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The Tampa Bay Buccaneers drafted five 2006 Senior Bowl invitees with its first five picks (cornerback Alan Zemaitis backed out at the last minute, so there were actually only four Senior Bowl participants) of the 2006 NFL Draft, and signed two undrafted free agents who also participated in the game in USF running back Andre Hall and West Virginia safety Jahmile Addae.

So Pewter Report’s first order of business was to go back and review the Senior Bowl tape to evaluate the new Buccaneers’ last game as collegiate players.

The Bucs have relied heavily on the Senior Bowl in recent years, drafting two players in 2004 (safety Will Allen and guard Jeb Terry), a total of five players (running back Carnell Williams, linebacker Barrett Ruud, tight end Alex Smith, guard Dan Buenning and defensive tackle Anthony Bryant) from last year’s game in addition to the four Senior Bowl participants this year.

After reviewing the Senior Bowl game tape once again, here is Pewter Report’s analysis on the participants who would soon become Tampa Bay Buccaneers:

FIRST-ROUND PICK Oklahoma guard Davin Joseph: Joseph, who was a starter at right guard for the North squad, had a fine Senior Bowl and showed tremendous power and base in pass protection. He generally held the line of scrimmage against Florida State defensive tackle Broderick Bunkley, who was a first-round draft pick, and dominated Miami (Fla.) defensive tackle Orien Harris.

Bunkley tried to bull rush Joseph in several situations and got nowhere. When Bunkley tried spin moves, which he did on a regular basis, Joseph was quick to counter them by extending his arms, dropping his hips and shuffling his feet laterally to prevent any penetration.

Harris didn’t have the array of moves that Bunkley had and was easily blocked in both run blocking and pass protection.

Joseph didn’t get as much push off the ball as I expected to see in the run game, but he was assignment sound and didn’t make any obvious mistakes, either. It is clear that Joseph is a technician who has a certain smoothness to his game. He has great lateral movement, which coupled with his wide body, allows him to eat up space between the center and the right tackle.

Joseph knows his long arms are an advantage and is quick to exploit that. Instead of drive blocking, he simply extends his arms, locks out defenders and pushes them. It isn’t the most powerful way of blocking, but it is effective. He does need work on his initial punch, which could help assist him in creating separation between he and his opponent.

Working on punching will be the first order of business with offensive line coach Bill Muir this weekend at the Bucs’ rookie mini-camp. Muir believes the punch is the first and most important part of blocking and emphasizes that right away.

Joseph, who played the majority of the first half and for a series or two in the second half, was very effective in his lone goal-line opportunity where he had great explosion and blew Harris off the ball and pancaked him as the North scored a second-half touchdown.

SECOND-ROUND PICK Boston College right tackle Jeremy Trueblood: Trueblood, a left tackle his whole life, got off the bus in Mobile, Ala. and was told he was going to play right tackle at the Senior Bowl. That’s not the easiest thing to do in front of scouts, coaches and general managers of all 32 teams while trying to up your draft stock – not lower it.

In Pewter Report’s practice evaluation, Trueblood struggled mightily the first two days before finding his groove on Wednesday and Thursday. When the Senior Bowl came around on the weekend, Trueblood had gained confidence and comfort in the fact that he could make the transition. This was important because his lack of initial quickness and supreme athleticism was going to force him to move to right tackle in the pros anyway.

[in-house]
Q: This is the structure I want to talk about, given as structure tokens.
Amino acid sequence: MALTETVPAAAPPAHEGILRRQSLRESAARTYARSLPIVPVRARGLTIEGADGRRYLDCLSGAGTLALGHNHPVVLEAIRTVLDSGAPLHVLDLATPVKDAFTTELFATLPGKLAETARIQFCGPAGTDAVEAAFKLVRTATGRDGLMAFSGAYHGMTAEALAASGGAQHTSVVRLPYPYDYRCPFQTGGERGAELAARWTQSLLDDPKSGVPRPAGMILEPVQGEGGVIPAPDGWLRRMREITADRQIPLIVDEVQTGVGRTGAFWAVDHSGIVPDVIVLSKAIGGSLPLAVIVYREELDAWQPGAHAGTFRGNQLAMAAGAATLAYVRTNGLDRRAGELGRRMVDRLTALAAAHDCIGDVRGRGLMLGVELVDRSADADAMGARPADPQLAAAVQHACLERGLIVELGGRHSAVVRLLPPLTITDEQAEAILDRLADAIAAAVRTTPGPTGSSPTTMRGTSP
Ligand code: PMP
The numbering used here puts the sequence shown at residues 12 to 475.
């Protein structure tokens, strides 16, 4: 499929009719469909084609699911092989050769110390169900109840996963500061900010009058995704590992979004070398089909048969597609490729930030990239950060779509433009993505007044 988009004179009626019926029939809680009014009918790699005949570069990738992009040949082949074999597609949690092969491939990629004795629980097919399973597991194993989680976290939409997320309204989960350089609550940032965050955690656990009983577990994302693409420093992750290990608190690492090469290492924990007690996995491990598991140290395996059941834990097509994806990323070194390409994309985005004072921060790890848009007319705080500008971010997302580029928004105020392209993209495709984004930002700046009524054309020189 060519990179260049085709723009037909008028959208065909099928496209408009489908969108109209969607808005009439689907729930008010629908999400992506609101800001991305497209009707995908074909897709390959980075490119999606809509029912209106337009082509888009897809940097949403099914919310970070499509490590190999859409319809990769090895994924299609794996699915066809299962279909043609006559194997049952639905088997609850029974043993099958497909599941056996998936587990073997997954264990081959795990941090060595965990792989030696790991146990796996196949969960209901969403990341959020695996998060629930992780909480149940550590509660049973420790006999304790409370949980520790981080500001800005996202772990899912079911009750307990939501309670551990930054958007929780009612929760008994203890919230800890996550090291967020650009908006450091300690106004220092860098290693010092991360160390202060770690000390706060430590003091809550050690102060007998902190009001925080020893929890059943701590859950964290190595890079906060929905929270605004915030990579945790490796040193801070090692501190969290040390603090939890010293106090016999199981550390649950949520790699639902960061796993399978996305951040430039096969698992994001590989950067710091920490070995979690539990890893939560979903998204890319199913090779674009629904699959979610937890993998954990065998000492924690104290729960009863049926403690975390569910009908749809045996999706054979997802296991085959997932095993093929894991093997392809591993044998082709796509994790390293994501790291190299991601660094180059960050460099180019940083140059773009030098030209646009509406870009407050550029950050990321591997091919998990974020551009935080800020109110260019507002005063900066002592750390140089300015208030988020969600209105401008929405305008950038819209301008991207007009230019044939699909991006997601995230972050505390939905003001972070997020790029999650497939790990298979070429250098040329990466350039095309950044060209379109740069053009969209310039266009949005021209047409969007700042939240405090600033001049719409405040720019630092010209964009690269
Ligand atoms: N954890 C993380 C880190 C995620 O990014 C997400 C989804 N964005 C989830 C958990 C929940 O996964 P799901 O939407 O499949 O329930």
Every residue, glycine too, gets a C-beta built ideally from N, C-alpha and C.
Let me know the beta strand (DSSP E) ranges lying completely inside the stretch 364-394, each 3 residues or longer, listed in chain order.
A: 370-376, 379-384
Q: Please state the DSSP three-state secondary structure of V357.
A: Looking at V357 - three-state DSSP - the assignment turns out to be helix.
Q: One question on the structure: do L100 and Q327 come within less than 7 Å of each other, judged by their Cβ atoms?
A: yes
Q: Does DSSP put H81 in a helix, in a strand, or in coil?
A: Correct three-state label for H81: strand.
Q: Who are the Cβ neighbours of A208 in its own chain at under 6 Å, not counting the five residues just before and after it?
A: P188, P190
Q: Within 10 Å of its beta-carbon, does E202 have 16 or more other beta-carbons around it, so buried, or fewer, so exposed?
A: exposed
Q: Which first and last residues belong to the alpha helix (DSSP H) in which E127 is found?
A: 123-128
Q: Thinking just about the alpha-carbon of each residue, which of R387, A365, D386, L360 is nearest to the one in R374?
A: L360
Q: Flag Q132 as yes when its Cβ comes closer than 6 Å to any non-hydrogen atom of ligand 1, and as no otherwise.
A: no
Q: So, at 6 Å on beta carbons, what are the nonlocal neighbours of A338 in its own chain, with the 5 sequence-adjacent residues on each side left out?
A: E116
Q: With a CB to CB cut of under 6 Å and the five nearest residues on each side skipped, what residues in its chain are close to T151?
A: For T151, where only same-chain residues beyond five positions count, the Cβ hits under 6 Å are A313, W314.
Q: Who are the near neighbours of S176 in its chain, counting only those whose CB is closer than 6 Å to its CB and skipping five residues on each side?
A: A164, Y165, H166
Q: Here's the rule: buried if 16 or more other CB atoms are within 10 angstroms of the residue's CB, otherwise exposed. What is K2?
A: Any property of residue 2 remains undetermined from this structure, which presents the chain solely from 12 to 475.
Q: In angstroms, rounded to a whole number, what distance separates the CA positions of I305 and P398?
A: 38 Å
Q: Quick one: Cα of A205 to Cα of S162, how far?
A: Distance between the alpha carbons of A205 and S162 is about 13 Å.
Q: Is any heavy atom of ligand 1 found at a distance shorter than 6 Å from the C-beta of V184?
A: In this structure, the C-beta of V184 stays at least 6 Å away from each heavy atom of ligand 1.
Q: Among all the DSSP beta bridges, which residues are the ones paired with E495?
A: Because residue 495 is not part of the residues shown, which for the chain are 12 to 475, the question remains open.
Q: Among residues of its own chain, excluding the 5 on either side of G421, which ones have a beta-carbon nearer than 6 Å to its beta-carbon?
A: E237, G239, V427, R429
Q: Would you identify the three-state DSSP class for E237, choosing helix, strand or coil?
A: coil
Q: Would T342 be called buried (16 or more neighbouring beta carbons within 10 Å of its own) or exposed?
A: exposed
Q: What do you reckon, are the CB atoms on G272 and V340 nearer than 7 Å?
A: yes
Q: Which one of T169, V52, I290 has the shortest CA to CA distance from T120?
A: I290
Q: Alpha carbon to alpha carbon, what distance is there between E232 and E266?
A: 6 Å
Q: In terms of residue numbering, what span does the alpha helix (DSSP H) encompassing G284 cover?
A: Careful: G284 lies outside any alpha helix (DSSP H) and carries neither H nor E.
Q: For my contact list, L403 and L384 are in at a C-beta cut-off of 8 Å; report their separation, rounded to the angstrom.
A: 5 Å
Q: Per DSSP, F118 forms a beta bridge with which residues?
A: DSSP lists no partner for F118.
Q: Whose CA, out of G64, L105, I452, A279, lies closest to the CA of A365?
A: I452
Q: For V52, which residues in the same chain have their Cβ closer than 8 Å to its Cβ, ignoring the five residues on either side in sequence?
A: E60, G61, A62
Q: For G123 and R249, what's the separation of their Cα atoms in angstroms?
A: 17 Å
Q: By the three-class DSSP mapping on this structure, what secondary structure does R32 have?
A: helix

Trueblood started next to Joseph at right tackle for the North squad and played every snap next to him as the offensive line platooned throughout the game. Trueblood went up against some good defensive ends – all of whom were drafted – in Florida State’s Kamerion Wimbley, Louisville’s Elvis Dumervil, Alabama’s Mark Anderson and Tennessee’s Parys Haralson.

He did not give up a sack to any foe and only surrendered a tackle for a loss to Wimbley. Other than that, he fared extremely well at right tackle, as Bucs personnel had disclosed to the media on Saturday night.

It was obvious that the 6-foot-8 Trueblood was still getting used to his steps after switching to right tackle. He needs to do a much better job of bending his knees and quit bending at the waist. The times Trueblood gets into trouble is when he stops moving his feet and overextends or lunges with his long arms.

But even when he is out of position and looks awkward, Trueblood still gets the job done because he scraps and fights. He may not be comfortable on the right side, and he may never look graceful, but he’s a feisty, prideful blocker.

Because he is too much of a waist-bender and a stand-up blocker, Trueblood doesn’t generate much push in the run game.

The South’s smaller defensive ends like Dumervil (5-foot-11) and Haralson (6-foot) gave him more problems than the 6-foot-3 Wimbley and Anderson because of the leverage they were able to generate. But when Dumervil lined up real wide hoping to beat Trueblood to the quarterback with a tough angle on a passing down, the mammoth right tackle was able to keep Dumervil at bay with his wide wingspan – even though his footwork was poor and got crossed up on the play.

Trueblood needs to sink his hips and create a wider base when he blocks. He also must work on keeping his feet moving. I saw his feet stop moving a few too many times. That may be due to his position switch. Later this week, I plan on watching more Boston College tape to get a better evaluation on Trueblood’s game.